Across Europe, half of all virus-related deaths have been linked to nursing homes and in New York it amounts to a quarter of the state’s total fatalities.
The deadly pandemic has laid bare the deficiencies of the modern nation-state model and its governments. This has been particularly stark in the most developed economies like the US, the UK and France.
The poor care of the elderly population — the segment most vulnerable to the threat presented by the coronavirus pandemic — in nursing homes across several countries has become a shocking reality, eroding citizens’ trust in their governments.
“We think, ‘these people are going to die anyway’,” said Charlene Harrington, a professor at the nursing school at University of California, San Francisco, speaking of the elephant in the room.
According to the World Health Organisation (WHO), nursing home deaths in Europe account for half of the countries’ total deaths linked to the virus as New York reports nearly 5,000 deaths in their long-term-care facilities.
Total deaths in the American financial capital currently hover around 20,000, leading all other states as the US tops all other countries with a staggering 74,000 deaths.
In the UK, according to some researchers, nursing home deaths could be 40 percent of the total fatalities while those facilities are home to less than 1 percent of the country’s population.
In Spain, where a fiasco regarding nursing homes emerged at the beginning of the pandemic in March, nursing homes deaths stand at 16,000 more than half of the country’s nearly 26,000 fatalities.
But experts doubt the accuracy of the reported fatalities regarding nursing homes across Europe and the US as many older citizens have been found dead in their beds in Spanish care facilities and makeshift morgues in New Jersey.
Nursing home model
Professor Harrington thinks that the way the nursing home business has been conducted in the US and some other places has facilitated “a disaster in the making.”
“Nursing homes are the weak link in our healthcare system, and we’ve allowed it,” the professor told the Financial Times.
Hans Kluge, the WHO’s top official for Europe, also drew a “deeply concerning picture” of the death rates in nursing homes across Europe.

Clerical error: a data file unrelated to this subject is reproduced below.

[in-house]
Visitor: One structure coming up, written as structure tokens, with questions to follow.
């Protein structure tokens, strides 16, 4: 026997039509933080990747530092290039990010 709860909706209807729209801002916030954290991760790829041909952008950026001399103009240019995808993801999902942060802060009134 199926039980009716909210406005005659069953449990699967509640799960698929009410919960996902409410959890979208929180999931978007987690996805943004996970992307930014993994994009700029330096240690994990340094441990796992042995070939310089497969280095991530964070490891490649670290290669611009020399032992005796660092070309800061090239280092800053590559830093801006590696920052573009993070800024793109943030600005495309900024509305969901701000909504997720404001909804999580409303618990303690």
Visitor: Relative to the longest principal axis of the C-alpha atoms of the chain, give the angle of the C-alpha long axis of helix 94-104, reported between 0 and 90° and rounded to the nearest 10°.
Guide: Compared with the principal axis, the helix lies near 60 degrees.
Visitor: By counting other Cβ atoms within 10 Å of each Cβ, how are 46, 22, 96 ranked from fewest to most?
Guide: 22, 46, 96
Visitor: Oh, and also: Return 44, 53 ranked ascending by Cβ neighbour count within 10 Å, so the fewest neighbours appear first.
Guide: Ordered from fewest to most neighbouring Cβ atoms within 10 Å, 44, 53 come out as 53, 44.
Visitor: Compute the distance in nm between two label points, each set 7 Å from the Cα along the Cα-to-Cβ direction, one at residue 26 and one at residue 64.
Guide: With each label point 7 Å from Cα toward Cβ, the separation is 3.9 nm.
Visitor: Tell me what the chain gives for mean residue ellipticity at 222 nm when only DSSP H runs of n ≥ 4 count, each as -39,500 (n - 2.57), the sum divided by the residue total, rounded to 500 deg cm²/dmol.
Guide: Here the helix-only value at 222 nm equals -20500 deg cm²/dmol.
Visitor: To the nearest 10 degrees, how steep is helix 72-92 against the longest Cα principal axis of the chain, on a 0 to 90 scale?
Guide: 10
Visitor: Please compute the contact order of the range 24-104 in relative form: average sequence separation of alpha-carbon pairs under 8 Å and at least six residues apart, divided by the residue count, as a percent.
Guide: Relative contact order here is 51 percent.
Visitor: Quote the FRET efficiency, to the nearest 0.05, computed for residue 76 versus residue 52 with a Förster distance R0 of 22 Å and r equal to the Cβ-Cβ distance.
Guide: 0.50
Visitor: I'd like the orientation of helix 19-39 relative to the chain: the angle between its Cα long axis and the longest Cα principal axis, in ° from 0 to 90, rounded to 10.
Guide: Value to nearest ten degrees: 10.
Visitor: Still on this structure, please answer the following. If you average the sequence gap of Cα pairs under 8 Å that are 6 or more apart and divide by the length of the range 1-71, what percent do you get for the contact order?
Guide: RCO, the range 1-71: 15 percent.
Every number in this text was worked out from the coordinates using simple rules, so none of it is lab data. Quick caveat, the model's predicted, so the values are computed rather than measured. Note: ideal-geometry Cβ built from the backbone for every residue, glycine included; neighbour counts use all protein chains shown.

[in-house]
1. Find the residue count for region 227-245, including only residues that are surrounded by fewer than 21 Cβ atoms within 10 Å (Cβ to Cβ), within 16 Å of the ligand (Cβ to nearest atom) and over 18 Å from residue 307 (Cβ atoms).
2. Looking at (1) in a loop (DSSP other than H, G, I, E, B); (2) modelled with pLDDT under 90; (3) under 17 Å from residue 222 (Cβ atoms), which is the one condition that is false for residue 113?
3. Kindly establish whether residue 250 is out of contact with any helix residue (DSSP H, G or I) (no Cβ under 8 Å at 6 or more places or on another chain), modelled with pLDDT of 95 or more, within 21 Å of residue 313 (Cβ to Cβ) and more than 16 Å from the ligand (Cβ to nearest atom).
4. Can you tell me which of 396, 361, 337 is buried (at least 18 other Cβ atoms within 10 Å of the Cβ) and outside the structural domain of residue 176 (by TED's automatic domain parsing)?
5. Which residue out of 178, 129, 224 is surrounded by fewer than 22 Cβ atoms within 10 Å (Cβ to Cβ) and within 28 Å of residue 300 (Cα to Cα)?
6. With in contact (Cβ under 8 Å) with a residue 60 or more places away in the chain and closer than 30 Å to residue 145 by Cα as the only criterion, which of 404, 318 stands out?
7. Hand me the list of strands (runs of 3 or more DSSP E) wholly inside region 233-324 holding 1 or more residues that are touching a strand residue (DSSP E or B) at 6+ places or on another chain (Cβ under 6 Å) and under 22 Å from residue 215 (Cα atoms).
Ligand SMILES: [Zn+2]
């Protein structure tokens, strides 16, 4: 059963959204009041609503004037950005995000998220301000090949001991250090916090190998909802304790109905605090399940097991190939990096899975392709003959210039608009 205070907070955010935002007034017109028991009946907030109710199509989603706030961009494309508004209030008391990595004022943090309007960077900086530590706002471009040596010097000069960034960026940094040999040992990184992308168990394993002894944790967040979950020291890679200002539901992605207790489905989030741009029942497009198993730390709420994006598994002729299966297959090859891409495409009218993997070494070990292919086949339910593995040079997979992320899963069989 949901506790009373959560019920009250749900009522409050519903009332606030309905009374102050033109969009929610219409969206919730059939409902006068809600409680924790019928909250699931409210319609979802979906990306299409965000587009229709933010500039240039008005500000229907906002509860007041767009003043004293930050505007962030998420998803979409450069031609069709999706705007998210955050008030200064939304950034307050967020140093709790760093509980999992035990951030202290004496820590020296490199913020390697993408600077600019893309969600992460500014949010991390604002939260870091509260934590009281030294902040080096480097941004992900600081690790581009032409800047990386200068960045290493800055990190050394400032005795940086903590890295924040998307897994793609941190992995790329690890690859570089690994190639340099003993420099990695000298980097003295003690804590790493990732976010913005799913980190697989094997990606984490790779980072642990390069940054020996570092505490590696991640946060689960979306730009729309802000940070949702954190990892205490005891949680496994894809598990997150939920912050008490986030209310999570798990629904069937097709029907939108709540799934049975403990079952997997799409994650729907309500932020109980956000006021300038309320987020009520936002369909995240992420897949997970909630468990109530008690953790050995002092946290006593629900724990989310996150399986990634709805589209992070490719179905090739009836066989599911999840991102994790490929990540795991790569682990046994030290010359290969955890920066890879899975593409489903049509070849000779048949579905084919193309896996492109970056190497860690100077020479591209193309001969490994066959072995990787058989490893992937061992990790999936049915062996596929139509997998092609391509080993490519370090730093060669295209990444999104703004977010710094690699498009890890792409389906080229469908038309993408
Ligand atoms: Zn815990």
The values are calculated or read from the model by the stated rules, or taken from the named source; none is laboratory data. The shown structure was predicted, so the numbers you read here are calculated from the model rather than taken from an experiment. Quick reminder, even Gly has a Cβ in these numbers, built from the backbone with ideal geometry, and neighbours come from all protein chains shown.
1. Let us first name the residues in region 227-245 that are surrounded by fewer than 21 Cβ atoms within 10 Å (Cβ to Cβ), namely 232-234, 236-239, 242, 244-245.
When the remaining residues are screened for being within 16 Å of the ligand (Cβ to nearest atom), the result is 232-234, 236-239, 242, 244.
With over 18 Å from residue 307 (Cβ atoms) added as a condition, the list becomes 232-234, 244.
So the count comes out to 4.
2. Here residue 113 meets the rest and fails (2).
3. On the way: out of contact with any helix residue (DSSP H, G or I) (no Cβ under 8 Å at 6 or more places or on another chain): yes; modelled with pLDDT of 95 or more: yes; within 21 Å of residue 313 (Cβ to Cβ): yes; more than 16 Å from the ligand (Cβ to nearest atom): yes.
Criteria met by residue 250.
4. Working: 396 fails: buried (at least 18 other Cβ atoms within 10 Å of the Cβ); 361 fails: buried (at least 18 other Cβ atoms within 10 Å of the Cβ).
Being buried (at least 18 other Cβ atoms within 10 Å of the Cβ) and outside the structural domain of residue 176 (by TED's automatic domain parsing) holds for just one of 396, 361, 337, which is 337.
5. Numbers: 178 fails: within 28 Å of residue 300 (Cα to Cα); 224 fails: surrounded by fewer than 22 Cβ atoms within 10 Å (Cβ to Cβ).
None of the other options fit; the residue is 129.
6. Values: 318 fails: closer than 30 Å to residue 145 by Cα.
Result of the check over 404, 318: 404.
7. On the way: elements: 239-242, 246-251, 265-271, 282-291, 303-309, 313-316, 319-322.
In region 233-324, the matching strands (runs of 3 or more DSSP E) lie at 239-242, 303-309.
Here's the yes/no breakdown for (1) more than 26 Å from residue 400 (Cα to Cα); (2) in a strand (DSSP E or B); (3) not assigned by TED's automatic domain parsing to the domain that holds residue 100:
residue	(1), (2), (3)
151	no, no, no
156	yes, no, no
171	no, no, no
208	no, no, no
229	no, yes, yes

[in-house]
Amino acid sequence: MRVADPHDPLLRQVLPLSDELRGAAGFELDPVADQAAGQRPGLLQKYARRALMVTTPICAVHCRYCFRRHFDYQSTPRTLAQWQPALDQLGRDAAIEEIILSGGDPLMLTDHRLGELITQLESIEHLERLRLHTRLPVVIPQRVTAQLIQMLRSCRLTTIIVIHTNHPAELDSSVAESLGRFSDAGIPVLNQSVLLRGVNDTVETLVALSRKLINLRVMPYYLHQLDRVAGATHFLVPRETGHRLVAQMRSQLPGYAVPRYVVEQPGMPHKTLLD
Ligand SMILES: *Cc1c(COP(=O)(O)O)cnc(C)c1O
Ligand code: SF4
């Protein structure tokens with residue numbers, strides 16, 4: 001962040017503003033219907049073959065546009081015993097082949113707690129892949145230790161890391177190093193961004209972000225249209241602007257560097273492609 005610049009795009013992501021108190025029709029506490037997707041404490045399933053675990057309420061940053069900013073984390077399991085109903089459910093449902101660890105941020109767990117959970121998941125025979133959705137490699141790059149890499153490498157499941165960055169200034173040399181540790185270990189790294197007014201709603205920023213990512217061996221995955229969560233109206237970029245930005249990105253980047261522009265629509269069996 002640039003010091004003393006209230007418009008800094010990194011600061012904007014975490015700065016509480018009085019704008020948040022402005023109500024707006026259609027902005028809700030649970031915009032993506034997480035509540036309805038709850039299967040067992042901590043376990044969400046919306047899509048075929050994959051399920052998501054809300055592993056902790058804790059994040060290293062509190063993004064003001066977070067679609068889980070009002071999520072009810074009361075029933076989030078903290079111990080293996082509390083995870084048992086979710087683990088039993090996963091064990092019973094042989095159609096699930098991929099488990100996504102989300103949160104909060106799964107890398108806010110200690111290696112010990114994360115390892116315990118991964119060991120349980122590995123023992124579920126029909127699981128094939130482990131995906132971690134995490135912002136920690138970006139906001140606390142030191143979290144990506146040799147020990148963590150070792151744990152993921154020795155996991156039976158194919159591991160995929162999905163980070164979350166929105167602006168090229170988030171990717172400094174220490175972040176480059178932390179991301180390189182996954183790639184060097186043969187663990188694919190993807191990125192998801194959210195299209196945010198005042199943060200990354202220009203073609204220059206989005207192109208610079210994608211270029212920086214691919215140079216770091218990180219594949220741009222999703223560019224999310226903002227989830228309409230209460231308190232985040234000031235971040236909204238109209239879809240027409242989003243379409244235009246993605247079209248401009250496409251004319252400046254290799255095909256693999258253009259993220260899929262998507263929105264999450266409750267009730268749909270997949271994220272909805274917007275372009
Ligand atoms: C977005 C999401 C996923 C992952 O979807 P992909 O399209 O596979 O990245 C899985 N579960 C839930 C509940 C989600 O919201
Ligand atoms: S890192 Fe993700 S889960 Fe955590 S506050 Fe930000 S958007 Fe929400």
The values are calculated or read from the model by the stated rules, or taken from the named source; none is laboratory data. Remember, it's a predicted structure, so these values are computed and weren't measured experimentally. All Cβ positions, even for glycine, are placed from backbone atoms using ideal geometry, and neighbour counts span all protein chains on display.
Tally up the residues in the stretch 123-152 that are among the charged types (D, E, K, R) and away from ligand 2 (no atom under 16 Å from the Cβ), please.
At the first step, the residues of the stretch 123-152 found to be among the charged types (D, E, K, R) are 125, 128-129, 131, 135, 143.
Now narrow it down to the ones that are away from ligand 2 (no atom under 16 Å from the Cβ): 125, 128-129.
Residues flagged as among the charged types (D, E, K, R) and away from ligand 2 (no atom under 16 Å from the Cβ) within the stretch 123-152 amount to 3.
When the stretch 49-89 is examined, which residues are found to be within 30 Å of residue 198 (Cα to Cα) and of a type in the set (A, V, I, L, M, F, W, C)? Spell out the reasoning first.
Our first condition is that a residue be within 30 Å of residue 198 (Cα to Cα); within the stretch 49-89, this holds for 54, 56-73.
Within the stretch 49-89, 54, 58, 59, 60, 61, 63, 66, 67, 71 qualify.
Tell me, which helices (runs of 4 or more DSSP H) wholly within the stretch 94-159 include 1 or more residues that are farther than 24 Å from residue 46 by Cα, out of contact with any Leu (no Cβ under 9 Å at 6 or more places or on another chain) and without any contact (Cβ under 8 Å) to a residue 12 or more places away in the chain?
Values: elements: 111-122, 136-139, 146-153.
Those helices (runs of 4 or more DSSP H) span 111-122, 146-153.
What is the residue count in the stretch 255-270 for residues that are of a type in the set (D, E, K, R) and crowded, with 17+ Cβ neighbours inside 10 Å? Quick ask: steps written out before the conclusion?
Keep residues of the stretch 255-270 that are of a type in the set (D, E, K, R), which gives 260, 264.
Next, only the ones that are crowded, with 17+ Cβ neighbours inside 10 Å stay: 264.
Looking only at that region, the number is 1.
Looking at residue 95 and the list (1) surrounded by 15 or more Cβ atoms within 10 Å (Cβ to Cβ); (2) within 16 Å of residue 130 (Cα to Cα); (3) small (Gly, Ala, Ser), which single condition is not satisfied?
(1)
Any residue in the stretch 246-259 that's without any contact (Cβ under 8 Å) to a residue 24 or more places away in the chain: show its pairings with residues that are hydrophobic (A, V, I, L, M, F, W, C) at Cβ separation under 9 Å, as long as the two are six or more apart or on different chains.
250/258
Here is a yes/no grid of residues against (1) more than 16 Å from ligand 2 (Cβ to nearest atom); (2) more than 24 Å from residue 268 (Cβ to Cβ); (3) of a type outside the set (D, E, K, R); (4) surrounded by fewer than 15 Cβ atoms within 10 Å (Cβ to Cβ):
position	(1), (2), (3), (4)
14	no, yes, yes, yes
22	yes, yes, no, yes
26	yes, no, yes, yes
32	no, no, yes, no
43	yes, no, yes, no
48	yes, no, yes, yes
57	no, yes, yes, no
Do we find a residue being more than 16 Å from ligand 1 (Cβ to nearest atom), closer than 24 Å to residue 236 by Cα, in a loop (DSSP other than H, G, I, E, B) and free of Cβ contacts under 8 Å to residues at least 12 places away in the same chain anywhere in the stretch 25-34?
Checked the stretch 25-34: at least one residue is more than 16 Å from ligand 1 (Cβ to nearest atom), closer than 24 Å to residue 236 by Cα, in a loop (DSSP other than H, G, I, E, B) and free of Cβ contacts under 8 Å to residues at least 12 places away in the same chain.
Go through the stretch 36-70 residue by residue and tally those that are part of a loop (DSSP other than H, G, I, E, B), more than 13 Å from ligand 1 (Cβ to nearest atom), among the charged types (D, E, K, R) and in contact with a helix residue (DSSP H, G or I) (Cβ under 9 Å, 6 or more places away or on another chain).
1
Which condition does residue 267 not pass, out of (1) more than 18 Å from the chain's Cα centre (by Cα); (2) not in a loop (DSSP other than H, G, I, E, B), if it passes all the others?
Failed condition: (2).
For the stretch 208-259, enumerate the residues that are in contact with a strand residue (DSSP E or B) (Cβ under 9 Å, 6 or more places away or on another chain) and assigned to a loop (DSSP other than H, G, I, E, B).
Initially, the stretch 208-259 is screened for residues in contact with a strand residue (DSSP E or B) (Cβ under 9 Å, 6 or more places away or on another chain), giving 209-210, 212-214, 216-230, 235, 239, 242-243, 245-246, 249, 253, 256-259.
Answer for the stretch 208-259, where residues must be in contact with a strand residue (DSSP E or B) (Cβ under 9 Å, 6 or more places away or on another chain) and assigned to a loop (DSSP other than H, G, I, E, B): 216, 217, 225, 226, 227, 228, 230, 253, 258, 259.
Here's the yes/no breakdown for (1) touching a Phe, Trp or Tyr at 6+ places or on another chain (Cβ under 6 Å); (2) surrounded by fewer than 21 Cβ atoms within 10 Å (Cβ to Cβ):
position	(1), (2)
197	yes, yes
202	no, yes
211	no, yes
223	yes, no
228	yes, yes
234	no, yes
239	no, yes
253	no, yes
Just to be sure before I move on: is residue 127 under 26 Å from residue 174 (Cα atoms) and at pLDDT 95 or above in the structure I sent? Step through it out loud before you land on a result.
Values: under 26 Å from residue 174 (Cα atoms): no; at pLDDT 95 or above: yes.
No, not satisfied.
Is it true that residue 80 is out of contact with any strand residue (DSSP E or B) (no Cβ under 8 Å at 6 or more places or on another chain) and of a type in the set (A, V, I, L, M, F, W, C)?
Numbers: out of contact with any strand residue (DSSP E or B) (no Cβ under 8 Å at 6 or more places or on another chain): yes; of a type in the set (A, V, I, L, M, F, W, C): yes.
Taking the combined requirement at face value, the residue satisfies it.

“This is an unimaginable human tragedy,” Kluge said in a press conference in late April.
But the tragedy has been ensured under an ill-regulated free market model, where profit comes first.
Harrington and other experts think that profit-seeking owners of nursing homes have mostly been concerned about increasing their income at the expense of residents, cutting essential staff and employing people with less medical skills and low wages.
Researchers from Harvard and Vanderbilt universities have found in a study that three-quarters of American nursing homes were short on staff before the deadly pandemic.
In Spain, where most of the nursing homes are run privately, their understaffed reality is almost the same as the US.
"The amount of messages we were getting those days was insane. I was thinking: You can't let these people rot," said Carmen Flores, who leads the Patients' Defenders ombudsman group, a Spanish organisation.
Flores had previously warned Spanish authorities “about precarious conditions in some of Spain's 5,417 care homes,” according to the BBC.
“Care homes are places where physical distancing is almost impossible,” said Adelina Comas-Herrera, who co-authored an influential London School of Economics (LSE) report, showing how devastating the virus has been in nursing homes across Europe.
“It’s like a perfect storm: a susceptible population, not being able to implement the measures and the staff are not well supported and trained enough. Many of the staff are care assistants with very little medical knowledge,” Comas-Herrera observed.
In addition to that, many European countries have deliberately ignored testing in care facilities, directing those resources toward hospital patients and personnel.
"I think there was a lot of wrongdoing. These people couldn't shout or say they were unwell. They died in silence and alone," said Rosana Castillo, who lost her mother in a nursing home in the Spanish capital of Madrid.